Manute Bol, the 7-7 former NBA center for the Washington Bullets, Golden State Warriors, and Philadelphia 76ers died Saturday at the University of Virginia Medical Center in Charlottesville.
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Bol was 47 years old and was living in Olathe, Kansas.
The former Dinka tribesman left Sudan and became one of the NBA’s most prolific shot blockers.
Manute Bol played 624 games in 10 NBA seasons. He blocked 2086 shots during his career, good for #14 all-time, 397 of which came during his rookie season, an NBA record that still stands.
In two seasons with the Golden State Warriors, Bol hit 29 three-pointers from 1988-1990.
Manute used his celebrity and passion to try ending civil war in his native Sudan.
From the New York Times:
Though he wore size 16 ½ sneakers and had a pair of the spindliest legs ever to protrude from a pair of nylon shorts, Bol, at 7 feet 6 inches, was an athletic marvel. He arrived in the National Basketball Association in 1985 and promptly set a rookie record by blocking an average of five shots per game — a total of 397 for the season. He is 14th on the N.B.A.’s career list with 2,086.
Fans flocked to see him and roundly urged him to shoot whenever he touched the ball. Despite being able to reach above the 10-foot rims flat-footed, Bol was not a scorer. He averaged fewer than 4 points a game in every season he played.
It was his defensive prowess, swatting shots away from the basket and discouraging opponents from trying to drive the ball past him, that kept Bol in the league for 10 seasons. The Washington Bullets drafted him three years after he immigrated to the United States in 1982, and he eventually played for three other teams: the Golden State Warriors, the Philadelphia 76ers and the Miami Heat.
For most of his career, Bol held the distinction of being the tallest player ever to compete in the N.B.A. But in 1993, the Bullets drafted Gheorghe Muresan, a Romanian who at 7-7 was a few centimeters taller than Bol. The Bullets brought Bol back to Washington to help teach Muresan how to play the professional game, but it took Muresan four seasons to compile as many blocks as Bol had as a rookie.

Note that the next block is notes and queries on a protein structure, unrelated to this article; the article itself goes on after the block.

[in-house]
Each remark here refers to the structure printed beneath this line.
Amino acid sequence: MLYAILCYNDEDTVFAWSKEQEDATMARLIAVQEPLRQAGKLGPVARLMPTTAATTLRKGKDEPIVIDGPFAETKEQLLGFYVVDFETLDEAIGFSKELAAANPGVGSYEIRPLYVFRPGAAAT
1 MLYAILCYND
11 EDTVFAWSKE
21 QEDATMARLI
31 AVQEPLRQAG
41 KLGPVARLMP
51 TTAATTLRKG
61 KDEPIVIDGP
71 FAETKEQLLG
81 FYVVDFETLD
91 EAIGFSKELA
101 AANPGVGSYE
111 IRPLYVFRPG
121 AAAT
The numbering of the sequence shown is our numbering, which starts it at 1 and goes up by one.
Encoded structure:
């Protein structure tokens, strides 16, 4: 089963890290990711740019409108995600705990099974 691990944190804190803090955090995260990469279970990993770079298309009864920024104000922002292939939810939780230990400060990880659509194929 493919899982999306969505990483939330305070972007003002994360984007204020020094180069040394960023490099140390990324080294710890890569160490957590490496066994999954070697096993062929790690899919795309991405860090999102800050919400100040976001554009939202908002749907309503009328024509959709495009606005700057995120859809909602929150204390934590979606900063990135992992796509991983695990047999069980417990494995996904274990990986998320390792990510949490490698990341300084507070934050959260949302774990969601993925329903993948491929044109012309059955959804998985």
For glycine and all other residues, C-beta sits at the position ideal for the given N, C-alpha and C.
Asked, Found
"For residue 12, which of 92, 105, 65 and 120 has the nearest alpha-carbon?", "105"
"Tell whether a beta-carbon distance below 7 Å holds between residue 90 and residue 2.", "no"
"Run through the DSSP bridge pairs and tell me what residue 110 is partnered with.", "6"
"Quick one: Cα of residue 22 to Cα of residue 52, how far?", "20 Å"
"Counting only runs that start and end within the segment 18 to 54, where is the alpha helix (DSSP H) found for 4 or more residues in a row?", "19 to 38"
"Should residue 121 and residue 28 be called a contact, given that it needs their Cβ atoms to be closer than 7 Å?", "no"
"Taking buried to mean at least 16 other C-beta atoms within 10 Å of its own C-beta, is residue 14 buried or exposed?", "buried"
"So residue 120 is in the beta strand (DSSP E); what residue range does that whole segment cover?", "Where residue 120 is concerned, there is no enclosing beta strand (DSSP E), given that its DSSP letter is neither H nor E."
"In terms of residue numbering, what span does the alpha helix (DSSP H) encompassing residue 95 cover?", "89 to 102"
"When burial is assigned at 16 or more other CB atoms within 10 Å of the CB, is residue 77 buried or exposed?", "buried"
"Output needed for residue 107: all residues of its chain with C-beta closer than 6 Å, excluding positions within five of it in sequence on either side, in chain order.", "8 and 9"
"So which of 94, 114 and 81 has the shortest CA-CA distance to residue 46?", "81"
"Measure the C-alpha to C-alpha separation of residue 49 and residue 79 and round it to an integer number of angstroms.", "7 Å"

Bol eventually came to terms with the fascination Americans had with his height. When he was a young man in Sudan, he told The New York Times in a 1985 interview, his size was not so remarkable.
“My mother was 6 feet 10, my father 6 feet 8 and my sister is 6 feet 8,” he said. “And my great-grandfather was even taller — 7 feet 10.”
As a boy, Bol had tended his family’s cattle. According to a tale he was often asked to repeat in interviews, he once killed a lion with a spear while he was working as a cowherd.
In a 2001 interview with The Times in Khartoum, Bol said he dreamed of going back to Turalei and his roots. “I would have a big, big farm,” he said. “Then we have no worries about money. If you have the cows, you have the money.”
Bol returned to Sudan regularly during his playing days, and once he retired, he became more politically active there. He went there late last year to check on the school construction. Then he stayed to campaign for a candidate in the region’s presidential election, which was held in late April, said Mr. Prichard, who traveled there with Bol in November. During his extended visit, Bol became ill and was briefly hospitalized in Nairobi, Kenya, Mr. Prichard said.
“He really felt that his country needed him,” Mr. Prichard said. “He really died for his country. He wanted to do everything he could to see southern Sudan make it through this election in the best possible way.”
Bol is survived by 10 children, including four with his second wife, Ajok, of Olathe, Kan., his nephew Mayom Majok said.
Manute’s cause of death was severe kidney trouble and complications from a rare skin disorder known as Stevens-Johnson syndrome. Bol first fell ill during a trip home from Sudan and had been hospitalized since late May of this year. (149)